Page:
"It's going to help me throw the cutter in on a righty, but I can throw the two-seamer away to a righty, too," Steven "Paco" Rodriguez said. "It's now two pitches I can go with and keep the guys guessing so they don't know what's going to come."
Even last year, it didn't look like hitters knew what was coming very often. Rodriguez's most effective outing came at the College World Series. In a game to send Florida to the winner's side of its half of the bracket, Rodriguez threw 4.1 scoreless innings of relief, allowing one hit and one and striking out seven Vanderbilt hitters.
Rodriguez got better as the season went on. However, he still wants to improve. He wants to be a reliever that the coaches can trust in any situation, not just as a left-handed specialist, and the two-seam fastball can make him that pitcher.
"That's the pitch I've been working on the most," Rodriguez said. (Florida head coach Kevin O'Sullivan) and I have talked about it a lot, and it's something new I can bring into this year that I haven't used. That's the big thing I've been using against all the lefties. It's something new they haven't seen before from me."
The addition of the two-seam fastball didn't waste time making an impact. Rodriguez struck out the first eight hitters he faced in scrimmages this fall. The Gators sent Preston Tucker to the plate to be the ninth hitter, just begging for someone to make contact.
As Tucker grounded out to shortstop, the entire Florida team sarcastically applauded that a player was able to put the ball in play against Rodriguez.
"The hitters didn't have their timing down, and I just felt really good," Rodriguez said. "Everything was working. It was something where everybody was just saying, ‘Oh, there goes Paco again doing the same thing.' It's just fun going out there and facing the guys."
KISH ROLE EXPANDING: With Rodriguez, Austin Maddox and Greg Larson back, the search for middle relievers will last through the early parts of the season. Keenan Kish threw in mop up duty last season, holding a 0.63 ERA in 14.1 innings last season. Most of those came in low leverage situations when the game was out of reach.
After the Gators lost four relievers that threw 38 innings or more last season, Kish is one candidate to step up and throw more innings during his sophomore year.
"I'm expecting to have a bigger role this year, but you've got to earn it," Kish said. "There's a lot of talent here and everybody is fighting for a spot."
While Kish didn't see much time on the mound last season, he was learning from the veterans. The Gators had plenty of juniors and seniors on last year's teams that went pro, and Kish didn't waste many opportunities to learn from that.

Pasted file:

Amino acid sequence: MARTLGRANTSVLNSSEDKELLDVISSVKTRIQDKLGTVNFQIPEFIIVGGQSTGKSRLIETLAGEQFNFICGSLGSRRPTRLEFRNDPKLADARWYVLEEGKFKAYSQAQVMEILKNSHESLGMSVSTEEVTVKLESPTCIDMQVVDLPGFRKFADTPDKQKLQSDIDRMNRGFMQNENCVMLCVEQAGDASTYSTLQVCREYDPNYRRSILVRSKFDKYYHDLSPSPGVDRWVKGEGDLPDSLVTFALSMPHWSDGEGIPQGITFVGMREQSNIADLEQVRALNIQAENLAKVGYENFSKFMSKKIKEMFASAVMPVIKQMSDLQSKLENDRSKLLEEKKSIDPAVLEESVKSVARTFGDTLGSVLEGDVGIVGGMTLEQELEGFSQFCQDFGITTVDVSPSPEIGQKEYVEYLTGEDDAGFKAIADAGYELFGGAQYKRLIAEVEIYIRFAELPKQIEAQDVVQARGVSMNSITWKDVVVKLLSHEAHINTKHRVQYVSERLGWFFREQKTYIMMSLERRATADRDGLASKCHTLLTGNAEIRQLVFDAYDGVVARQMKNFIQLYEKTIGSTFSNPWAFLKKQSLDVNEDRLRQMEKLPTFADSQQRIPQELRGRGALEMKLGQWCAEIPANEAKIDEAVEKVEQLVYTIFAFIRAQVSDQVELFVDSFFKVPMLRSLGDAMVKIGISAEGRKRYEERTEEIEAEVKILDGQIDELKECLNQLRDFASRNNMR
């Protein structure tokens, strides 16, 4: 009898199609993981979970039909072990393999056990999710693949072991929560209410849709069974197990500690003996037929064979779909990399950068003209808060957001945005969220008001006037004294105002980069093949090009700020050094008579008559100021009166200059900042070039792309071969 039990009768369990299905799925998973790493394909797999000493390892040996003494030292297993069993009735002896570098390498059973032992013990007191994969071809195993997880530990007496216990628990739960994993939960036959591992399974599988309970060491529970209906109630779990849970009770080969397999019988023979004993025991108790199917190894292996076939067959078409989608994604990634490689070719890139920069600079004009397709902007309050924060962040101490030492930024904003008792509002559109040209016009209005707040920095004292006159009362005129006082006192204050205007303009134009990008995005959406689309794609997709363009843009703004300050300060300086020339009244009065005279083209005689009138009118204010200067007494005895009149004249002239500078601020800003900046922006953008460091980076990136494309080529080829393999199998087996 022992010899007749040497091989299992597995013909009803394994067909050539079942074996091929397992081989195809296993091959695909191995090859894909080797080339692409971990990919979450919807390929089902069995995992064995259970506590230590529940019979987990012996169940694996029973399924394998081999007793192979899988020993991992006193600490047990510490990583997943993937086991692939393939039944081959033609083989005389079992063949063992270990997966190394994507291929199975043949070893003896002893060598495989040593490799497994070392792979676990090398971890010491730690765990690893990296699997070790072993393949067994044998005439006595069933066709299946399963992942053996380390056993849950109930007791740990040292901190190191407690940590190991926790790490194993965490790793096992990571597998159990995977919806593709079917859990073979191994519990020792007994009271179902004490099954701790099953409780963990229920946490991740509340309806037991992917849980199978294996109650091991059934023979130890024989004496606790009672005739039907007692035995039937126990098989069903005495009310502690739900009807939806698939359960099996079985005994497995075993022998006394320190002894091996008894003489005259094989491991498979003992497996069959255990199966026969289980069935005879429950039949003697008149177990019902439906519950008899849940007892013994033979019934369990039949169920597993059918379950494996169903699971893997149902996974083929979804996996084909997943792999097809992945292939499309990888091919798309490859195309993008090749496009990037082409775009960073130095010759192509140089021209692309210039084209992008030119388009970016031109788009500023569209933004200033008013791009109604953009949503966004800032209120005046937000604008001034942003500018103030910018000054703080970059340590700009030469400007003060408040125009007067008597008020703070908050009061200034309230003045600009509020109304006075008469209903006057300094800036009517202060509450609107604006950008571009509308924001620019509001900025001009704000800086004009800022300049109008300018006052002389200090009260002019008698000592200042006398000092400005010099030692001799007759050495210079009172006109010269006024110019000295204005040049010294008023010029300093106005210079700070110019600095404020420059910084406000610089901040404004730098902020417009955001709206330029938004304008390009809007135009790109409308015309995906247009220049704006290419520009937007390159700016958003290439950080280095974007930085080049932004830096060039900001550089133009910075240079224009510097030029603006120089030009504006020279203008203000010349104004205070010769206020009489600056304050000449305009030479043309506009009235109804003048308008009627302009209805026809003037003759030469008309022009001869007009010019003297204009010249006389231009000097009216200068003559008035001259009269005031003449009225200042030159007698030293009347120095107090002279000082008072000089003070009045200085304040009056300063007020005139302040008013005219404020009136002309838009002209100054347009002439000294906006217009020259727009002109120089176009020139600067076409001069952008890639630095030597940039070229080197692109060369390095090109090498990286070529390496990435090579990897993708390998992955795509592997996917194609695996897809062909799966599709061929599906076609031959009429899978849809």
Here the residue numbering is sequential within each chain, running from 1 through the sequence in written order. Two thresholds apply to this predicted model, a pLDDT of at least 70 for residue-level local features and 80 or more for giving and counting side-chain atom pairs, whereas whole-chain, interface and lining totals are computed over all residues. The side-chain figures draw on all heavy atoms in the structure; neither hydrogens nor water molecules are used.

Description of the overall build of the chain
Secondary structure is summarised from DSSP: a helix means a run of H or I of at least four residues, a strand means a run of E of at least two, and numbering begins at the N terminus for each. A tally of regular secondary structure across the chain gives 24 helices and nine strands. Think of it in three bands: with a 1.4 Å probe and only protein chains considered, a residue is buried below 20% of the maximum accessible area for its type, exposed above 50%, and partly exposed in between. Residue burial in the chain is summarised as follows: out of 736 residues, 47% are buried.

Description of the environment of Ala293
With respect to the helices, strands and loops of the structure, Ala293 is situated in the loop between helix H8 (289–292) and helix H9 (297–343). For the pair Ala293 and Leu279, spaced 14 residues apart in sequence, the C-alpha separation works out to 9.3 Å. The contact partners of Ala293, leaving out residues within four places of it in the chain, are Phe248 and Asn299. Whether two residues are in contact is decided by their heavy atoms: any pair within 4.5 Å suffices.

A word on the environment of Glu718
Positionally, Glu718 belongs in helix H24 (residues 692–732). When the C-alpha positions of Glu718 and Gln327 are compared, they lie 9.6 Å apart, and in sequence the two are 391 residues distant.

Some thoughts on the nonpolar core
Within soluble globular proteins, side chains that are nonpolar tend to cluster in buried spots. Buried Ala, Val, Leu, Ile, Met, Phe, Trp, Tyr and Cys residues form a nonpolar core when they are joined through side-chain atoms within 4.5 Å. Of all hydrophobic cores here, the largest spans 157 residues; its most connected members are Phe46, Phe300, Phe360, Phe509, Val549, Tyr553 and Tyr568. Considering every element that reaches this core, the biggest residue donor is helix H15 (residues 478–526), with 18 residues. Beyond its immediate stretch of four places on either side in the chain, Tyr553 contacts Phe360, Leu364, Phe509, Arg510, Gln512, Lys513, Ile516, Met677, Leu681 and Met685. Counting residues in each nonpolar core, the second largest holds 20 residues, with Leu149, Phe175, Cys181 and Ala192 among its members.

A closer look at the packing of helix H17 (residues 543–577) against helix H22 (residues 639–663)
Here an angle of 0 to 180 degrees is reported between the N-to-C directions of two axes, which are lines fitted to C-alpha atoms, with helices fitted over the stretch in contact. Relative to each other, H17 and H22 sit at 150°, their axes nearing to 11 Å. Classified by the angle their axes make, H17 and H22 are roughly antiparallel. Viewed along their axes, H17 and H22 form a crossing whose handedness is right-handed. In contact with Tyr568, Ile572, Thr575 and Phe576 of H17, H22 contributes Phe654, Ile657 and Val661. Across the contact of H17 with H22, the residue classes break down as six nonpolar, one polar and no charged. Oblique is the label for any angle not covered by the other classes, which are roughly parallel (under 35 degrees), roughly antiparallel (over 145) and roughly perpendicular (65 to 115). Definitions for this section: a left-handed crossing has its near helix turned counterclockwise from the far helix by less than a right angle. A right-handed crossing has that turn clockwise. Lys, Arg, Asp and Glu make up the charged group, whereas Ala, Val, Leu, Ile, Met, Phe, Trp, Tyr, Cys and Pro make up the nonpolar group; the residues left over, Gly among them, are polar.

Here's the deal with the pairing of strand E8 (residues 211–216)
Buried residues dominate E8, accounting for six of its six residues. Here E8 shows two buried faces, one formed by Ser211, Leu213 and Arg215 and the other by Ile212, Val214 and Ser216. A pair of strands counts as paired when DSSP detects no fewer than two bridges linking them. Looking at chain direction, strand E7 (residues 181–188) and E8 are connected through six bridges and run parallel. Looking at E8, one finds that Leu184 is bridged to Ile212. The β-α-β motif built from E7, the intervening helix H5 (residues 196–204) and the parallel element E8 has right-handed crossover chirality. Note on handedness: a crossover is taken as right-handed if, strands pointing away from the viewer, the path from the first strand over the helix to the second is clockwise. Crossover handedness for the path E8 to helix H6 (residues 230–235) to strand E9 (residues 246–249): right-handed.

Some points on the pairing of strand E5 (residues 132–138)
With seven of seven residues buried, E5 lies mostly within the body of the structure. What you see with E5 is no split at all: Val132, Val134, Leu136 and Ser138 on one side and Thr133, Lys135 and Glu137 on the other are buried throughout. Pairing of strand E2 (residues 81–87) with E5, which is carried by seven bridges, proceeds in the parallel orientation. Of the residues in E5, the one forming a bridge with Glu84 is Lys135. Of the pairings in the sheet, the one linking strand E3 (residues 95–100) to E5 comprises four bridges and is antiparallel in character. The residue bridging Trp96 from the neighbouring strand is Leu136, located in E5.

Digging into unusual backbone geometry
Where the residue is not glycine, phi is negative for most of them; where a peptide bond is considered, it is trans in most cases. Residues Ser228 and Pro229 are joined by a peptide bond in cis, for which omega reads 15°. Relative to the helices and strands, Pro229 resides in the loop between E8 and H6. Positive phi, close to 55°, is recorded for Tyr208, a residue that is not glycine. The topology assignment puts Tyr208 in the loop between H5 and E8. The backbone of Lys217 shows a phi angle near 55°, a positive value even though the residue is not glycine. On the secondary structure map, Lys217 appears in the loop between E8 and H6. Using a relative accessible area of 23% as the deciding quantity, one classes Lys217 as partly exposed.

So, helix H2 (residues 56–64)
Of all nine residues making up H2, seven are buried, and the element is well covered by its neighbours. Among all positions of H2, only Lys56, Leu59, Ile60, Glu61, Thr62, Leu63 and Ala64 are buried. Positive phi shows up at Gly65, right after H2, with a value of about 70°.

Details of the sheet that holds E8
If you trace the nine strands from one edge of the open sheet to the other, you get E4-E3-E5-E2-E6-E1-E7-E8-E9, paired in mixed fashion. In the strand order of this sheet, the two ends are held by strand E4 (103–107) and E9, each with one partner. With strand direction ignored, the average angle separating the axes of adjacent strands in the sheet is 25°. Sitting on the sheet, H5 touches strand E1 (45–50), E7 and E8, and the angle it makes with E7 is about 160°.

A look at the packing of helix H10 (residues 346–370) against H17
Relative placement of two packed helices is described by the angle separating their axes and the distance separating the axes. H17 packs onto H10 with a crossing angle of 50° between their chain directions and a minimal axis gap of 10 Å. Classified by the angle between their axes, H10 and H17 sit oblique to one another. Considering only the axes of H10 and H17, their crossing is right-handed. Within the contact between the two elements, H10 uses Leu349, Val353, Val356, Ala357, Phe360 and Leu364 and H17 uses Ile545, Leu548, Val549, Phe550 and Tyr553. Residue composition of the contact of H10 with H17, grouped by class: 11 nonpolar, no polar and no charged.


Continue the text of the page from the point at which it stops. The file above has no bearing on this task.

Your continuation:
"Last year was a great learning experience," Kish said. "I learned so much from the older guys like Tommy Toledo, Anthony DeSclafani and Nick Maronde. Being able to talk to them and pick their brain about going through this system, it was just awesome to learn all their knowledge."
Florida head coach Kevin O'Sullivan will lean on the sophomore class of pitchers this season. Outside of Kish, Jonathan Crawford and Daniel Gibson are also competing for bullpen roles this spring.
It has been a transition for all three of them. After being used as starting pitchers during their high school careers, all three have been moved into bullpen roles. It's a common occurrence for freshmen at major programs that have plenty of returners in the starting rotation, but that doesn't make it easy.
"In high school, things are different," Kish said. "Most of us were starters in high school so we knew what days we were throwing. You could cater to that routine. What I like about coming out of the bullpen is you don't know when you're throwing, so you have to be ready every day. You have to put in your preparation beforehand."
THOMPSON READY FOR HEALTHY SEASON: After center fielder Bryson Smith graduated, the easy solution is to slide in Tyler Thompson as his replacement. Thompson and Daniel Pigott have split time in left field in recent seasons, and the two seniors will now be able to start in the same outfield.
The only thing that kept Thompson off the field has been injuries. He was nagged with a hamstring injury that slowed him at the beginning of last season, while it was different injuries earlier in his career. This fall, he has been as healthy as any point in his career.
The added health has allowed Thompson to put in extra time in the weight room. O'Sullivan said that his arm strength has increased, which is important with the move to center field.
"I think it has more to do with just getting in the weight room and getting stronger," Thompson said about the added arm strength. "I've been doing the same (throwing) program, so I think it's just about getting bigger and stronger."
For outfielders, there's a pride in playing center field. The added room in the gaps creates a challenge to cover more ground than in one of the corners. Thompson isn't the fastest player on the team, but his ability to read the ball off the bat makes him capable to play the position.
"I'm excited about it. In high school, I was a center fielder the whole time and I liked that a lot more than the corners. When I got here and put in left field, I got comfortable. I'm excited to be in center this year. I do definitely like it better. It's just more ground, and you're in charge.
"If you want to catch the ball out there, you go catch the ball. You can call anybody off. There's just a lot more room to run around in the gaps."